While mainstream media coverage of the Zika virus has largely faded into the background, agents say that clients who are most at risk of negative side effects -- women who are pregnant or planning to become pregnant -- are still avoiding travel to areas where the virus has been locally transmitted.

In late 2015 and early 2016, Zika was confirmed in a number of countries in the Caribbean and Central and South America. The virus started to make headlines following a February 2016 declaration by the World Health Organization that Zika was a public health emergency, with proven links to serious birth defects. The virus eventually made its way as far north as Miami.

Zika is still present in dozens of those countries (see chart).

"Travelers looking to get pregnant or who are pregnant have to decide if they want to take that risk," said Darcy Allen, owner of Travel by Darcy in Epping, N.H. "I would say, largely, they are picking alternative destinations or making sure they are tested when they get home before trying to start a family."

About the virus

According to the Centers for Disease Control and Prevention (CDC), Zika is transmitted through mosquito bites or sex. It can also be passed from a pregnant woman to her fetus, and it is thought to also be transmitted through blood transfusions.

Most people infected with the virus will be asymptomatic or have mild symptoms, including fever, rash, headache, joint pain, red eyes and muscle pain among the most common. The CDC said symptoms last several days to a week and very rarely cause death or hospitalization.

The virus is particularly problematic for pregnant women. According to the CDC, infection during pregnancy can cause microcephaly, a birth defect in which a fetal brain malformation results in severe neurological defects, including a smaller-than-average head. It has also been linked to Guillain-Barre syndrome, a nervous system disorder in which a person's immune system damages nerve cells, which can sometimes result in paralysis.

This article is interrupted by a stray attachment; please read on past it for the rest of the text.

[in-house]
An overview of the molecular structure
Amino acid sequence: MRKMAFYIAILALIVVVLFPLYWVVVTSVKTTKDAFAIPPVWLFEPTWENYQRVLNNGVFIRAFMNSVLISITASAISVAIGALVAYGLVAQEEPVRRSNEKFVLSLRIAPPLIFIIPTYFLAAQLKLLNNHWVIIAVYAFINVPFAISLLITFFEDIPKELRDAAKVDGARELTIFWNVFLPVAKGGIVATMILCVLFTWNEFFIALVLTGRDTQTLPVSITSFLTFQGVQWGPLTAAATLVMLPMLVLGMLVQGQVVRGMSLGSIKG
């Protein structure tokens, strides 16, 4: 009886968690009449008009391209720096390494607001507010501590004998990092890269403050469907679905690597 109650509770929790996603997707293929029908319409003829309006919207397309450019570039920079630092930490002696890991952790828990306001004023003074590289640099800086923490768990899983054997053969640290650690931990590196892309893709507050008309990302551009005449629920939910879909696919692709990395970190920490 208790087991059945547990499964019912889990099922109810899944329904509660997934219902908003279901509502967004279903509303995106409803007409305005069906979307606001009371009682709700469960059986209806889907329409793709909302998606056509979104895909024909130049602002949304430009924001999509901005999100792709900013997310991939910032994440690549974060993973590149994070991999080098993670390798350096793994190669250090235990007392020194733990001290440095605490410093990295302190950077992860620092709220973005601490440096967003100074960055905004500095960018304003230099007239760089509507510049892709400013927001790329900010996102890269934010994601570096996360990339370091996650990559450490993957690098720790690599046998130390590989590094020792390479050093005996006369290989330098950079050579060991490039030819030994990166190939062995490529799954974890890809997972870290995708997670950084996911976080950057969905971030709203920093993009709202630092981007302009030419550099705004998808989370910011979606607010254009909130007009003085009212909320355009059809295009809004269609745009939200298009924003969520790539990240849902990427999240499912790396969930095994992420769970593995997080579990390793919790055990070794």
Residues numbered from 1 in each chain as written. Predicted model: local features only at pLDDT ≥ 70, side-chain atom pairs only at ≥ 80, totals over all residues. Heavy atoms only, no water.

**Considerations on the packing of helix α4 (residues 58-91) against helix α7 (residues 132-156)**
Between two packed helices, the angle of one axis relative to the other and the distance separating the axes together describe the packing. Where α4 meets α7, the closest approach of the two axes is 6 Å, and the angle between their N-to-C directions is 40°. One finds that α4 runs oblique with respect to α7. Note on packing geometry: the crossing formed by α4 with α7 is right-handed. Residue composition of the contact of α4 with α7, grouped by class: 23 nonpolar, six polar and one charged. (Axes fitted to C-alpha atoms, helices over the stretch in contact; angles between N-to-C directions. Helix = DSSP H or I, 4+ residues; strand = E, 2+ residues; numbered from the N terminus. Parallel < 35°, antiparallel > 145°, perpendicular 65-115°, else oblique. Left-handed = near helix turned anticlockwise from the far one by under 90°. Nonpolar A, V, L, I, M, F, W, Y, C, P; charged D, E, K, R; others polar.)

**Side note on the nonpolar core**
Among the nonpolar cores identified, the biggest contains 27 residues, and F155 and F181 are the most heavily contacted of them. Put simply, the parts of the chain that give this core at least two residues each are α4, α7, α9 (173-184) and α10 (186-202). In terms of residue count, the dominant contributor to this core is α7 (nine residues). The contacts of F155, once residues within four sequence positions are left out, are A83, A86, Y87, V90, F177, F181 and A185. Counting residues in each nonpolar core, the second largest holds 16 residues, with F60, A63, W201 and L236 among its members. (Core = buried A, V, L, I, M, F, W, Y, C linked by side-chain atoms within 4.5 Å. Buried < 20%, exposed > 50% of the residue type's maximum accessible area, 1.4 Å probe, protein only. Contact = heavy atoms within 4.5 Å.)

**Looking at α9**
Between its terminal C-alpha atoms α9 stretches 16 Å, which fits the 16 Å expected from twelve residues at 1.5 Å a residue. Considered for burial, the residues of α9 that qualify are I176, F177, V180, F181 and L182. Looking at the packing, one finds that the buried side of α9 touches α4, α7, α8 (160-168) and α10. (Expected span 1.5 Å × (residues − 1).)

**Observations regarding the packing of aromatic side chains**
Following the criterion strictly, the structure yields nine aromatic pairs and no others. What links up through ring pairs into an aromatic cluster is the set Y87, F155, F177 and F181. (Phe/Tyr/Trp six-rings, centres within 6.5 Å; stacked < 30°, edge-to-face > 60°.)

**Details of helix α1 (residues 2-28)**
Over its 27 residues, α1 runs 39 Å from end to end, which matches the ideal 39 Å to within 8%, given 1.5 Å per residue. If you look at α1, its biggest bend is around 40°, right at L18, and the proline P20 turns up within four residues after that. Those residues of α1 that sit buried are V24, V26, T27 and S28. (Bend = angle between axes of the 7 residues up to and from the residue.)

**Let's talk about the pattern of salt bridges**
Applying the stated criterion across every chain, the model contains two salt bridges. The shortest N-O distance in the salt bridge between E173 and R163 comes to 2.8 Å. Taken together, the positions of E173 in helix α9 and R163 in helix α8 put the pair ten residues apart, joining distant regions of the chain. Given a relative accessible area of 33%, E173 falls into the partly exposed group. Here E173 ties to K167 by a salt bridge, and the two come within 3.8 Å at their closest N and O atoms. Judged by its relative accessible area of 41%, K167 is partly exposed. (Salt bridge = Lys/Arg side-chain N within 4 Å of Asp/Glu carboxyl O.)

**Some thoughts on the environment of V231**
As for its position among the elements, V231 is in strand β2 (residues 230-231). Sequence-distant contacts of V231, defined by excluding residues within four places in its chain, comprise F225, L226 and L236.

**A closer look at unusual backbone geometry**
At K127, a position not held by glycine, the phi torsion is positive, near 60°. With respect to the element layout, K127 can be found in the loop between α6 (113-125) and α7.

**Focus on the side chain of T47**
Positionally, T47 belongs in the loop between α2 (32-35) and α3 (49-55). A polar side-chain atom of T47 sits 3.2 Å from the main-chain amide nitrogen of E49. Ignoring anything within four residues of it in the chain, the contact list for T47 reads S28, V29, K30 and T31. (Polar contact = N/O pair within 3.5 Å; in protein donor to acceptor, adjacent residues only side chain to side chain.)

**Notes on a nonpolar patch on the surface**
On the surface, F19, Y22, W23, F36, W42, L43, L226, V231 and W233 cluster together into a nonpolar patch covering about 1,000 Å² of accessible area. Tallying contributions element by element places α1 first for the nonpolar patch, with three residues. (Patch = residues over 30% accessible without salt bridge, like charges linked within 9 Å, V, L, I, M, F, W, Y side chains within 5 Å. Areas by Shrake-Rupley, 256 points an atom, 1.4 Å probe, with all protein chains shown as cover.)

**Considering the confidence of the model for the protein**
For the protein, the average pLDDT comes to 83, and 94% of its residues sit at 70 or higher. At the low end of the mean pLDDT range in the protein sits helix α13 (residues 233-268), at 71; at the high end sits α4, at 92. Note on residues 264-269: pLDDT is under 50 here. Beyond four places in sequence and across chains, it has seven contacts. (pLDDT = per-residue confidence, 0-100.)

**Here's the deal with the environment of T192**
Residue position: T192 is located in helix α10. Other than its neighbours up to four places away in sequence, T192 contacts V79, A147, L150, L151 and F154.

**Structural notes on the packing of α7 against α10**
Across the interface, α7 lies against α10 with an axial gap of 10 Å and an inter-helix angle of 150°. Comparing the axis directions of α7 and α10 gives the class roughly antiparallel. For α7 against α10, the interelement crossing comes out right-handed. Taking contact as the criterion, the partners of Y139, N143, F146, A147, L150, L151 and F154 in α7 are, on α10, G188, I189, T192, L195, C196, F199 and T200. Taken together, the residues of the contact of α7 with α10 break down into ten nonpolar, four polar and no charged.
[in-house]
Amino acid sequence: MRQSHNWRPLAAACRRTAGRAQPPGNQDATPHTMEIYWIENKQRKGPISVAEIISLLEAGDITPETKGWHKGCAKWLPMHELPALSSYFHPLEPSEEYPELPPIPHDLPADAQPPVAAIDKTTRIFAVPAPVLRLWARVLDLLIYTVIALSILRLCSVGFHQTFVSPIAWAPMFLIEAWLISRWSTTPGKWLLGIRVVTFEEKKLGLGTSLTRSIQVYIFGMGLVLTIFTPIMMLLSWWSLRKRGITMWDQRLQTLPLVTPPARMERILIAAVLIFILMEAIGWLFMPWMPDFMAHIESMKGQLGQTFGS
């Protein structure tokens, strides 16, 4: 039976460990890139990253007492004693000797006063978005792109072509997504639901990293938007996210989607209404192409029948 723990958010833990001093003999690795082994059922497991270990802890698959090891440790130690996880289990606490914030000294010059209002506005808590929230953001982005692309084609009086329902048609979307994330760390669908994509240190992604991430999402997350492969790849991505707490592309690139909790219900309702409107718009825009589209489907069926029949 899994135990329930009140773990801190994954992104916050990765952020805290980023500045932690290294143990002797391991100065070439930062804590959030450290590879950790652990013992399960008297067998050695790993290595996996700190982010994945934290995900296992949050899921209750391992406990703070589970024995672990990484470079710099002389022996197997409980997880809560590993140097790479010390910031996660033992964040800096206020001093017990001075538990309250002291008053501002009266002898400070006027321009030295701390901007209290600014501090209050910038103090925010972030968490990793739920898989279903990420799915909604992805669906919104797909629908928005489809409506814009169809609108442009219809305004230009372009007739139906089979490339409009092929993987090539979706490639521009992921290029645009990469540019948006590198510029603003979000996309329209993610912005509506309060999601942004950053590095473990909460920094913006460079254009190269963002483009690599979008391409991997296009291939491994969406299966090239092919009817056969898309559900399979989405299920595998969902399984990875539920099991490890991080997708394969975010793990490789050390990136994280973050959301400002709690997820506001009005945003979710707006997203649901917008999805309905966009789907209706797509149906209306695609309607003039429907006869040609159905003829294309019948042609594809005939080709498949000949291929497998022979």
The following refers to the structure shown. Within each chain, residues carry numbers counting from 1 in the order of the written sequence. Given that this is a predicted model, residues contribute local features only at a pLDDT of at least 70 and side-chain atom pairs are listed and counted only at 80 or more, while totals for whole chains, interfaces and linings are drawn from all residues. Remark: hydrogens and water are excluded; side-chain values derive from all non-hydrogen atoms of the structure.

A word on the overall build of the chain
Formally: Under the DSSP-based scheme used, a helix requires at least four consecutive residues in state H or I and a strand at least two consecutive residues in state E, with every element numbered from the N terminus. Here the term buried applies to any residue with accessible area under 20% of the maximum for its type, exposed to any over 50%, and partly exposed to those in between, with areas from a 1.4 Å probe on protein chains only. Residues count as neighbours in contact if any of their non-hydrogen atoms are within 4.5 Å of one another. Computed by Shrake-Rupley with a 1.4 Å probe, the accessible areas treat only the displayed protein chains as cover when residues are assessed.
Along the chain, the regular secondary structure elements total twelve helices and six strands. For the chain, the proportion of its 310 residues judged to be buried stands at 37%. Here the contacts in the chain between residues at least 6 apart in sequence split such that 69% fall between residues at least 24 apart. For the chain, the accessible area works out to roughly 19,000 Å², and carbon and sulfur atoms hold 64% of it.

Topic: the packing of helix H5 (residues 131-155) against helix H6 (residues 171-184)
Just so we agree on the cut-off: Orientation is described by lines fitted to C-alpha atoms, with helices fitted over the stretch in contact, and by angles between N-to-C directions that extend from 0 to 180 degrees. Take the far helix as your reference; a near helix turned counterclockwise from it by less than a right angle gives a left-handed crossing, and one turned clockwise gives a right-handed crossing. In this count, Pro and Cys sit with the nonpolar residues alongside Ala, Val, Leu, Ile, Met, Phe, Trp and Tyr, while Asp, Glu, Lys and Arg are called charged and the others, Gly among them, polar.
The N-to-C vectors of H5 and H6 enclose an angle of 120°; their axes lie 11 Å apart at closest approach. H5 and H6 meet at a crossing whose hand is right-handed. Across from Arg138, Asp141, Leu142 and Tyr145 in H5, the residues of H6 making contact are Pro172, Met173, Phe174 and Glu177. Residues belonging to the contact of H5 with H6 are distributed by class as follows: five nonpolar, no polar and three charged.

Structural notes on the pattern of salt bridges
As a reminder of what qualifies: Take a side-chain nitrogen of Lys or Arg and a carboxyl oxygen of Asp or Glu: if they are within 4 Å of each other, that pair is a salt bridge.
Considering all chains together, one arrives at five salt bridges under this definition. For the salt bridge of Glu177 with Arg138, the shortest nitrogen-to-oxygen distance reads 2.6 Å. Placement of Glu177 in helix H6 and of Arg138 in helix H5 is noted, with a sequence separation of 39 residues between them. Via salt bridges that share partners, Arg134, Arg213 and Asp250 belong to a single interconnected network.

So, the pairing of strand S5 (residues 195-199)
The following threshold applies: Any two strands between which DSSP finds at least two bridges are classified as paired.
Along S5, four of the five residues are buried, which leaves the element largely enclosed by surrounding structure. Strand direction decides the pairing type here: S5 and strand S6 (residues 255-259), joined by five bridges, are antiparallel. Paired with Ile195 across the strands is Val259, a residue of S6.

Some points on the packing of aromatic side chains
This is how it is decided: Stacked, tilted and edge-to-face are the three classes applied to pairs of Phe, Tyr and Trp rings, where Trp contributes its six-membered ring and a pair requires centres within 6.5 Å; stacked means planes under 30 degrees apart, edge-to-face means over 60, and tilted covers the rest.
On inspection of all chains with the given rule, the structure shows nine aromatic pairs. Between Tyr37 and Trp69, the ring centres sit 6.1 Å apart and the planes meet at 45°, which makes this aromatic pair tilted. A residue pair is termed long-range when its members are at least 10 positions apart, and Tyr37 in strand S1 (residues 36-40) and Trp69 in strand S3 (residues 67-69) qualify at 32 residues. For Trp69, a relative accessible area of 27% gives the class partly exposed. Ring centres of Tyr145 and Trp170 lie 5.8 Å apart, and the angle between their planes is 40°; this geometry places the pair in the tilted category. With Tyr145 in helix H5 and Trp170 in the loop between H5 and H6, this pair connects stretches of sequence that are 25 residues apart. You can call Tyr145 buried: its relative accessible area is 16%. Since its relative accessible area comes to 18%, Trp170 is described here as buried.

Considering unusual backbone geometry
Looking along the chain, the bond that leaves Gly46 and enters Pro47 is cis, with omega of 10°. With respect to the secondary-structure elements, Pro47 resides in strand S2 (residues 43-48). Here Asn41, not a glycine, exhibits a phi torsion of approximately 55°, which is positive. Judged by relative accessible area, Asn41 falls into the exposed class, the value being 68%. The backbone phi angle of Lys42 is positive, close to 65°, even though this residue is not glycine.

There is no vaccine for Zika. According to the World Health Organization, progress is being made toward developing vaccines and therapies, but hurdles remain.

What agents are seeing

Margie Hand, an adviser with Andavo Travel in Birmingham, Ala., said most clients are unconcerned about Zika.

"In general, I don't think it's really affected bookings at all," she said. "I definitely am booking a ton of Caribbean. I think probably the biggest effect on Caribbean bookings has been the hurricanes from last year and availability."

While clients generally are not concerned with Zika, Hand said, the exceptions are those who are pregnant or trying to get pregnant. Within the past two or three weeks, she said, three clients in that at-risk population specifically requested Zika-free destinations.

"For that market, for those who are expecting or trying to get pregnant, that's still something that they think about," she said. "It's still something their doctors are discussing with them."

Angela Pierson, co-owner of Wallace Pierson Travel on Amelia Island, Fla., agreed that most general clients aren't talking about the virus anymore. "It seems like it's just kind of fallen to the wayside for a lot of people," Pierson said.

She speculated that the falloff in media coverage is playing a role in that, as is the resilience of well-traveled clients.

"I think a lot of them realize that our new normal is just a constant state of chaos, whether it's volcanoes going off or acts of terrorism or Zika; there's always something that seems to be happening," Pierson said. "I think people just got to the point where unless they really feel uncomfortable about a destination, if it's something that they wanted to do, we're just not seeing it change their mind."

Gretchen Macknight of Perfect Honeymoons and Getaways Perfected in San Diego, said Zika concerns are "still quite prevalent" among her clients.

"Very possibly, we hear the phrase more than some because a large part of our business is honeymooners and brand-new families," she said.

Agents are largely sending clients concerned about Zika to Bermuda or Hawaii.

To discuss or not to discuss

Legally, agents are under no obligation to discuss Zika with their clients, according to industry lawyer Mark Pestronk, Travel Weekly's Legal Briefs columnist.

"Agents should provide clients with, or have clients agree to, a disclaimer that states that, for health matters at destinations, go to the CDC website," Pestronk wrote in an email. "That discharges the agent's duty, in my opinion."

Some agents said they are still discussing the virus with clients, though.

"I do think it is our responsibility to [bring it up], gently and gingerly, with all respect," Macknight said, adding that she brings it up "carefully" with clients.

"It's not something [like], 'Oh, hey, are you pregnant?' There has to be a bit of sensitivity there," she said. For example, she might ask, "Is Zika anything that you have been concerned about? Are you guys planning on expanding your family anytime in the next couple of years? That is a gentle enough but direct, to-the-point-enough question."

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